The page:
Heart of Glass
Monday, May 21st, 2012
By Jen Hazen
As part of ICFF extravaganza WANTED Design, Julie Taraska and Kimberly Oliver’s Product Placement design lecture series hosted “Heart of Glass,” a discussion that explored the innovative uses of glass by 4 accomplished product designers—Harry Allen, Bec Brittain, Omer Arbel and Johan Liden of Aruliden.
Allen, who is well-known for his cast resin pig banks, shared the inspiration behind his series of voluptuous vases—a collaboration between Turkish housewares company Gaia & Gino and Swarovski elements. The vases were auctioned last year to benefit NYC-based Housing Works, which supports people living with and affected by HIV/AIDS.
Customized by a list of fashion and design celebrities (Kenneth Jay Lane, Doo.Ri, and Ashley & Mary Kate Olsen for Elizabeth and James), each borosilicate glass vase acts as a blank canvas that creates a space where object and consumer interact. Lane’s vase is subdued and chic—encrusted in muted bronze Swarovski crystals like a disco ball—while the Olsen’s vase is styled in a beaded-collar blazer and tiered tulle skirt. And Allen’s “Black Swan” vase impresses with its intricate Swarovksi fishnet bodice and skirt of black feathers. “I am always thinking, ‘How do you make things beautiful?’” Allen says. “And fashion is a direct line to beauty.”
Brooklyn-based lighting designer and artist Bec Brittain spoke about the transformative qualities of glass and her appreciation for organic, faceted shapes such as crystals. “My work is about things that reside in multiple categories,” Brittain explains. “And those categories can sometimes seem contradictory.” An example of this is Brittain’s light fixture, Maxhedron—a gold-plated steel frame connected at the vertices, with triangular bits of 1-way mirror. When the halogen lamp is turned on, the opaque, rigid frame comes to life—a prismatic, glowing constellation of light refracted by shards of mirror.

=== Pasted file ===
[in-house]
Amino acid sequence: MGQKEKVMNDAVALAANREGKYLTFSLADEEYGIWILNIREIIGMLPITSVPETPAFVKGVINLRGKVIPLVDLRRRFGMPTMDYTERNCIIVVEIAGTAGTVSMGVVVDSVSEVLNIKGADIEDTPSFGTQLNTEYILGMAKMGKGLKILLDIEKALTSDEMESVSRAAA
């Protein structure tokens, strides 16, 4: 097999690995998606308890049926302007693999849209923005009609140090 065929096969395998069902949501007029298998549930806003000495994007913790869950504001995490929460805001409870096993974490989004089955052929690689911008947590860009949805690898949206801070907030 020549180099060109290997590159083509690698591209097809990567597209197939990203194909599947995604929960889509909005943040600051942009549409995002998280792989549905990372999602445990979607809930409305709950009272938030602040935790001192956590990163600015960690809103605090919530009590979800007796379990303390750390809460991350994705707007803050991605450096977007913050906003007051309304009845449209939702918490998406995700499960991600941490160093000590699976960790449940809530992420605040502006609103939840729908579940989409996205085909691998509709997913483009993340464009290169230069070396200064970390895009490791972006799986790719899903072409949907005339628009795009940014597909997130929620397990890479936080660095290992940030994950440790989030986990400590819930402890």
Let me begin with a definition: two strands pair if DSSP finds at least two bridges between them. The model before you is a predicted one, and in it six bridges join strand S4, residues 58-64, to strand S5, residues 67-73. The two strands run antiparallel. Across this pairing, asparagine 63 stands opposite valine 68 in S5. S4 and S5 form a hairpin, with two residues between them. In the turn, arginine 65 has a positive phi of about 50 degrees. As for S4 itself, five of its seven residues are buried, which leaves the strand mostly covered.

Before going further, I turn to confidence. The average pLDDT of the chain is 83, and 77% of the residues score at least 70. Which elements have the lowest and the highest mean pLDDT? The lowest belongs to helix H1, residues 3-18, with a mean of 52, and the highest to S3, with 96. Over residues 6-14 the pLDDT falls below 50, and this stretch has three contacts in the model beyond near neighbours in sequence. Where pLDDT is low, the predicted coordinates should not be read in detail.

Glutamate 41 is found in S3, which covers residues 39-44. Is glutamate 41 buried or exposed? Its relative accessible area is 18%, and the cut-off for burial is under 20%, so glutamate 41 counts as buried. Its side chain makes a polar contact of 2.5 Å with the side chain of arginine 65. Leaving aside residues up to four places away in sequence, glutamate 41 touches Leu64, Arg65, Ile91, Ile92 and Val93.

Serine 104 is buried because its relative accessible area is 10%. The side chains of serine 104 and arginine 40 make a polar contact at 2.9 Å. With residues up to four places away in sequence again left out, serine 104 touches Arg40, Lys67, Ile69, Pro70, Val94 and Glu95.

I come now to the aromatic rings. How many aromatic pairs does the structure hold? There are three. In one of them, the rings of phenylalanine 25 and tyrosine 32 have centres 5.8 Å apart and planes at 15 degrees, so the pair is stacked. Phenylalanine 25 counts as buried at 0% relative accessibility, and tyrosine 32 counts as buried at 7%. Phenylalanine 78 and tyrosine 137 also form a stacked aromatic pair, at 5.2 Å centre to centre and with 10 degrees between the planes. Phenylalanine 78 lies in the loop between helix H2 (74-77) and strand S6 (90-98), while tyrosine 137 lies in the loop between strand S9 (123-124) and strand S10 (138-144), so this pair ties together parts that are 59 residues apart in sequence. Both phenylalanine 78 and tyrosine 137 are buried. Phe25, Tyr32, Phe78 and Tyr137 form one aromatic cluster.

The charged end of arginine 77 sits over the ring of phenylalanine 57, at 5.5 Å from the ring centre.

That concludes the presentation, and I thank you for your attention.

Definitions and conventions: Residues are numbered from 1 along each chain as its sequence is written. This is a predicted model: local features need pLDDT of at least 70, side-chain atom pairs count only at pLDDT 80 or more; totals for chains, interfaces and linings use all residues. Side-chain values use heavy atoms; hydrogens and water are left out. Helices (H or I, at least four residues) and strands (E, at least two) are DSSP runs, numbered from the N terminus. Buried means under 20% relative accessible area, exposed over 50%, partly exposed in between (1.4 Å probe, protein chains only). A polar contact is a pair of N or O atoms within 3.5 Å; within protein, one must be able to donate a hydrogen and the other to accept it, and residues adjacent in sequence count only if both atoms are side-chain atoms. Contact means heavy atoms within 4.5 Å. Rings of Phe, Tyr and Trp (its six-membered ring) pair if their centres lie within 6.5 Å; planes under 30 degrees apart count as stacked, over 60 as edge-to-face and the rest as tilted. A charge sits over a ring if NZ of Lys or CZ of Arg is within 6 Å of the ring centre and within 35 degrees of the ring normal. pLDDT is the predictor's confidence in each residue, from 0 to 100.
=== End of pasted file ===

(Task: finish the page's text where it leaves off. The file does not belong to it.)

Vancouver-based designer and Bocci Creative Director Omer Arbel discussed the use of hand-blown glass in his 38 Series Planter Chandelier design. Several globes of glass, woven together with copper tubing, act as shallow “vases” for plants, as well as lighting elements. The result is an organic tangled “chandelier” of foliage, light, and glass.
Principal of Aruliden, Johan Liden, talked about his award-winning hand-blown glass fishbowl produced by Gaia & Gino—a classic example of good problem solving via the integration of components in an everyday item. The plastic landscape structures so commonly placed into fishbowls become one with the bowl’s floor, thereby elevating an ugly old stand-by to a piece of sculptural art.